Background: Fitness trackers have the potential to promote behaviour change by providing users a simple way to self-monitor their physical activity (PA). However, little is known about individuals daily engagement with fitness trackers. This work examines daily PA patterns throughout a diabetes prevention program (DPP).
Methods: Participants met with a health coach online for 6 behaviour change counselling sessions over 4 weeks and were provided with a Fitbit branded fitness tracker to monitor their daily PA. Daily steps, active and sedentary minutes were recorded for each participant over the 4-week intervention.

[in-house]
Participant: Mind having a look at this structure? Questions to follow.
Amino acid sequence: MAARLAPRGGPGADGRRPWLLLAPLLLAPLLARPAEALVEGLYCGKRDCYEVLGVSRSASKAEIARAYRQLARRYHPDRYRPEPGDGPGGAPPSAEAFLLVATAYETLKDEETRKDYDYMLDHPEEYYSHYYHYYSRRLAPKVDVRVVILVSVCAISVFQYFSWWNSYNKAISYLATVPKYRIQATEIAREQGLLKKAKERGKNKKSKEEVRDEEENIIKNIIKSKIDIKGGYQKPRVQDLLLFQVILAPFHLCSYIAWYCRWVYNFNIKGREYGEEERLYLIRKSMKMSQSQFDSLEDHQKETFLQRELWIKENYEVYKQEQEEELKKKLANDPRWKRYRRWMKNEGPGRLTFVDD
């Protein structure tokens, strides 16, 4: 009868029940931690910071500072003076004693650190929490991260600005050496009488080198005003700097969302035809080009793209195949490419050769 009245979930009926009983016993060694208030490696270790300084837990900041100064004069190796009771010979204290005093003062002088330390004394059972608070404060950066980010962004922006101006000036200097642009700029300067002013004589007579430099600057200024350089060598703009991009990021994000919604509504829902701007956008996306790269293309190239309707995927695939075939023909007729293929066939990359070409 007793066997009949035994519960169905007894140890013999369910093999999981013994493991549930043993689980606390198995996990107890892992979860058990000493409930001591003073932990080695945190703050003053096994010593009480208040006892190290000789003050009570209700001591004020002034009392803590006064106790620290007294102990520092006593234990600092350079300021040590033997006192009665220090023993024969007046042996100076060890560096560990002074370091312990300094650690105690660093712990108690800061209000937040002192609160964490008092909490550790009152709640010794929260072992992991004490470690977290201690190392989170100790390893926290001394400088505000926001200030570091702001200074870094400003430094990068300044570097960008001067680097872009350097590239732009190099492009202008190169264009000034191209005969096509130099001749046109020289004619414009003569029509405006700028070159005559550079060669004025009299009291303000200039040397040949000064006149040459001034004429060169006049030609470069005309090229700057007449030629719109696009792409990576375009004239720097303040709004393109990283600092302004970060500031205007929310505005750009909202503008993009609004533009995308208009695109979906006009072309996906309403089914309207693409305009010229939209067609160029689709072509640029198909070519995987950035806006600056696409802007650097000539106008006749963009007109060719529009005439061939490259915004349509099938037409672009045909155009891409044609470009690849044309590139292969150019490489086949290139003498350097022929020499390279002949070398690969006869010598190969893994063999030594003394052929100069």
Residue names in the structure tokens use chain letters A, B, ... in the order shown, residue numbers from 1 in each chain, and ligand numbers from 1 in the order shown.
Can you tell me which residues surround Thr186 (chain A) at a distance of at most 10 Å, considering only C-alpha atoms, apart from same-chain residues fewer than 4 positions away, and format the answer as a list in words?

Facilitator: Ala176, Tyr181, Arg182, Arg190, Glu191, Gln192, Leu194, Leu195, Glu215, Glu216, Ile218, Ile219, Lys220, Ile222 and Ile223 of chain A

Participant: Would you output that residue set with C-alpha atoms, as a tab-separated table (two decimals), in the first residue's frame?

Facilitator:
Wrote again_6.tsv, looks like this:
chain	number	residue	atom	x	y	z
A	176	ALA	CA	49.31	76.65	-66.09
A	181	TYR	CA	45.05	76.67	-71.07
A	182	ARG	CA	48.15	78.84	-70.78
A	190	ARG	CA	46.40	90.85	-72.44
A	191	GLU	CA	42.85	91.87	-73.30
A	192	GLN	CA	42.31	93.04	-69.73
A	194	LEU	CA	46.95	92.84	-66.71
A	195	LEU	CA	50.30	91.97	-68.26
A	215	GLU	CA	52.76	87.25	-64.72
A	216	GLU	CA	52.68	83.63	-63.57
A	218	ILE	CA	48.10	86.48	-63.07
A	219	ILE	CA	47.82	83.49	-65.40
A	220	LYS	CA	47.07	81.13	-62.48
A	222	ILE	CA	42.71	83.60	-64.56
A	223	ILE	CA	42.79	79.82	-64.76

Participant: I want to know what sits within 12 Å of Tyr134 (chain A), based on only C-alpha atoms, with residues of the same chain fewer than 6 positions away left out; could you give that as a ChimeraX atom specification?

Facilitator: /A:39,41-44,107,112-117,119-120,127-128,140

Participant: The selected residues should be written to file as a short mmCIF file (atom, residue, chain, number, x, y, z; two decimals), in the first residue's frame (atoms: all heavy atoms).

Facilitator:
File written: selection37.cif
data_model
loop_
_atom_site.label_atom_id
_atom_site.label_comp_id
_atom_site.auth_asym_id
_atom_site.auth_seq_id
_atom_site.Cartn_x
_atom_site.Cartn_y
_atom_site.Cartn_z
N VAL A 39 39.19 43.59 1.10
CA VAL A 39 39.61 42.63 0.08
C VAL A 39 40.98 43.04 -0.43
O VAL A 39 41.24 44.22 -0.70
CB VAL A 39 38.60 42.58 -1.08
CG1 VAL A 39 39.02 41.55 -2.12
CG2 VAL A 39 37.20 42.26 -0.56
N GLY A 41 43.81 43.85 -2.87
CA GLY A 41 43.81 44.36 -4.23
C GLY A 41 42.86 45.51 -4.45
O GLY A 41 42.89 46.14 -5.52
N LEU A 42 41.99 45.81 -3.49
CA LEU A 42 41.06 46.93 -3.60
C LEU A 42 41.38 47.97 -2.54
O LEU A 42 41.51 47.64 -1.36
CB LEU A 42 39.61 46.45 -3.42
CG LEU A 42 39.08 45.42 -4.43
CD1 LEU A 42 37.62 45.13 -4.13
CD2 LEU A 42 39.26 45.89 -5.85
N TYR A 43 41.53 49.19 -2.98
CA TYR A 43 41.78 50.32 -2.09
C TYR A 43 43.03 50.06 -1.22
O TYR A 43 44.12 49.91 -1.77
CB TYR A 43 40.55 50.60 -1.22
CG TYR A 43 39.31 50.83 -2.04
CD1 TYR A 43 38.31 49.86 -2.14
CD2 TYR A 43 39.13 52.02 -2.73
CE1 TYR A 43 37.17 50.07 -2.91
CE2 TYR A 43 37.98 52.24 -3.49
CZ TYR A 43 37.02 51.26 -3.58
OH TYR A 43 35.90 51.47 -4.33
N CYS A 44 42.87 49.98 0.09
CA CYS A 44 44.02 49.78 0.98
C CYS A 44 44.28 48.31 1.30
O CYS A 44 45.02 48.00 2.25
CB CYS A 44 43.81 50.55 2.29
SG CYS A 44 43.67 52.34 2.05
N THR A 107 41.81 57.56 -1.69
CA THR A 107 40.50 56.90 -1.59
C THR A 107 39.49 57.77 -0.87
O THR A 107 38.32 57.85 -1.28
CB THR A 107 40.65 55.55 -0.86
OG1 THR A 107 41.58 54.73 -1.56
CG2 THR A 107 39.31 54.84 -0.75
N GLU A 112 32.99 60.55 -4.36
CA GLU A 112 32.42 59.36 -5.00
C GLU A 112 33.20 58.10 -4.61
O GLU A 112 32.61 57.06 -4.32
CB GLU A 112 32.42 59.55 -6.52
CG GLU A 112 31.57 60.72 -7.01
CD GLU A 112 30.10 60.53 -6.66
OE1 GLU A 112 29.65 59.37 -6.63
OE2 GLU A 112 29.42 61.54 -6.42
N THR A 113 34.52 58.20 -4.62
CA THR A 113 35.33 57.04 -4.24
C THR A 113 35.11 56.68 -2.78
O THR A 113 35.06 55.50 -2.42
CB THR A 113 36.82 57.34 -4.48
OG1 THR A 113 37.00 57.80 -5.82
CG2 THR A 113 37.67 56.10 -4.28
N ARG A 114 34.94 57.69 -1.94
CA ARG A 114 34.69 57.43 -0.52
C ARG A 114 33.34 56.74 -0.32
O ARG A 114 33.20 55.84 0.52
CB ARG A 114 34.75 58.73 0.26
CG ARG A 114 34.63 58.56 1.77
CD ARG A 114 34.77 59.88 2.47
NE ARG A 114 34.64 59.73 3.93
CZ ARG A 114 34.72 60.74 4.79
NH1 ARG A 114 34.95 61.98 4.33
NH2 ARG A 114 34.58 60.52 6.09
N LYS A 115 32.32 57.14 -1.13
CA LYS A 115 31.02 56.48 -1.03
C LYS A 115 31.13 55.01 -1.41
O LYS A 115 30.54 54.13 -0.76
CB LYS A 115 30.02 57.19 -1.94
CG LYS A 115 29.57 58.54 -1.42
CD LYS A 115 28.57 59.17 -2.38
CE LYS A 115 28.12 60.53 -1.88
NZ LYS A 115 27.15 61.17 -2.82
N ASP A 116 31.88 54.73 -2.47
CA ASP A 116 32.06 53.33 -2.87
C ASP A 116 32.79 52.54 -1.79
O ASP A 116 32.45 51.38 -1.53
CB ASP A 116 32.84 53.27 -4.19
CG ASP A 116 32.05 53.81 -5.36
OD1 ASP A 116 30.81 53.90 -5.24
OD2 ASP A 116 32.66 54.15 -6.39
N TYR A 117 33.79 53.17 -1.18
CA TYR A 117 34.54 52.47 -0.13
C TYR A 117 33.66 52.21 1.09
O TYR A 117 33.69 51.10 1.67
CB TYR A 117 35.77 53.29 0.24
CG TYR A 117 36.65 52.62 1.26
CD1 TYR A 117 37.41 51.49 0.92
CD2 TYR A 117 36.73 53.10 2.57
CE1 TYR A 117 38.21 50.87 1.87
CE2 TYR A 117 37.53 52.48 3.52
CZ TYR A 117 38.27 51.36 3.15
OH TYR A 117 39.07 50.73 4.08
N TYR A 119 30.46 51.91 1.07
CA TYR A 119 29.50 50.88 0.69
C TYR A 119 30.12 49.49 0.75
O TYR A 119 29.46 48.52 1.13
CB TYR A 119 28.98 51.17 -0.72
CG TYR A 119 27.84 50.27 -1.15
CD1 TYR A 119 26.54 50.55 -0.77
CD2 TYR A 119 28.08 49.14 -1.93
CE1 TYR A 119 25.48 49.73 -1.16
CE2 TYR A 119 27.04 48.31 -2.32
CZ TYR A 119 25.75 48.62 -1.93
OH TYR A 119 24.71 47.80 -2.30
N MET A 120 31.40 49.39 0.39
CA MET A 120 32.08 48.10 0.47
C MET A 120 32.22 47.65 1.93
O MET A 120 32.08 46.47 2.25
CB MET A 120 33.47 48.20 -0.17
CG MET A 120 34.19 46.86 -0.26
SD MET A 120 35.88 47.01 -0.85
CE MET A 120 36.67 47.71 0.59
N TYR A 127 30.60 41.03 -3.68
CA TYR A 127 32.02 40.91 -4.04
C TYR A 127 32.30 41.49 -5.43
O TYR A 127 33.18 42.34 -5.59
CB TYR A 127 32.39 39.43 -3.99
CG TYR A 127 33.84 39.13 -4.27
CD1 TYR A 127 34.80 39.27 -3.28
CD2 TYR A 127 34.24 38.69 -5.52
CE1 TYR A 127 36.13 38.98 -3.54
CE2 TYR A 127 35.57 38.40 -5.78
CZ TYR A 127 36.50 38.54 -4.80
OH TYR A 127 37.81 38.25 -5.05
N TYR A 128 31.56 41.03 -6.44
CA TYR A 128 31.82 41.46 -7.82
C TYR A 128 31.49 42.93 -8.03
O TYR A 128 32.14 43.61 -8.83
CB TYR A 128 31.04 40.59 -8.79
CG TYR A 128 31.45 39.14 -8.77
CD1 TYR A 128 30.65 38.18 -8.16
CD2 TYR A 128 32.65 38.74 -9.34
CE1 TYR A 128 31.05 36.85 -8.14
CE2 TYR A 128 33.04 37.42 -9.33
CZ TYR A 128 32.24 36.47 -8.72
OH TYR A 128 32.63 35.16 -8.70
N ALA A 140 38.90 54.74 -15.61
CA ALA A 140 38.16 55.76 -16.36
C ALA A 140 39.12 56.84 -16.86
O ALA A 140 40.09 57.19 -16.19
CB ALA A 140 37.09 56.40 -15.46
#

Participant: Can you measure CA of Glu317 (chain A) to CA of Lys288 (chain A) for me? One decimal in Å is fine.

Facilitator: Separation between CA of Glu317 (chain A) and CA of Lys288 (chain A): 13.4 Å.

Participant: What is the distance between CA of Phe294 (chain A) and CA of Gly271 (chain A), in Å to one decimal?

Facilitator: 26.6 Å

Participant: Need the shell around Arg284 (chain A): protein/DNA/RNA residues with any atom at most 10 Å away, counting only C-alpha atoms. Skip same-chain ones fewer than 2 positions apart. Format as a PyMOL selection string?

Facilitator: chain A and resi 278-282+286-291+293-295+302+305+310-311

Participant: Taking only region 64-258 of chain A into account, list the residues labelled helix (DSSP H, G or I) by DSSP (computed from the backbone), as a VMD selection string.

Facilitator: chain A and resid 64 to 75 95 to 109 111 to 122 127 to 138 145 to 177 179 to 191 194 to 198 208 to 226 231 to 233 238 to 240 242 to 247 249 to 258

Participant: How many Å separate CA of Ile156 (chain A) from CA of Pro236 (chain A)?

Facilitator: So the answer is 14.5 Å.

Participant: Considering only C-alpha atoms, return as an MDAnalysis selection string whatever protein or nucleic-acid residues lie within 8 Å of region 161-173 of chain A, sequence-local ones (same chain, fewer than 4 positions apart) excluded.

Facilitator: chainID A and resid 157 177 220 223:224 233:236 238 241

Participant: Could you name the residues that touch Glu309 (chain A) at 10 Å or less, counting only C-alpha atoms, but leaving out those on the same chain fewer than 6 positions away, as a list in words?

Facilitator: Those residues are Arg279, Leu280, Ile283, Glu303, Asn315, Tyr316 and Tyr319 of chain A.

Results: n = 17 Participants (mean 63 years old, 82% female) were included. Adherence to Fitbit wear was high with a mean of 98% of wear days over the 4-week intervention period. In week 1, participants averaged 7316 steps/day, 41 active mins/day, and 939 sedentary mins/day. In week 2, participants averaged 7229 steps/day, 40.22 active mins/day, and 947 sedentary mins/day. In week 3 participants averaged 6989 steps/day, 41 active mins/day, and 927 sedentary mins/day. Finally, in week 4, participants averaged 7555 steps/day, 39 active mins/day, and 934 sedentary mins/day.
Conclusions: The sustained engagement with the Fitbit over the 4-week period indicates that commercially available self-monitoring devices are feasible for older adults and have considerable potential to enhance PA within DPPs. Further research is needed to determine how to optimally use this daily PA data within coaching sessions to motivate additional gains in PA behaviours, and evaluate the long-term utility of fitness trackers within DPPs.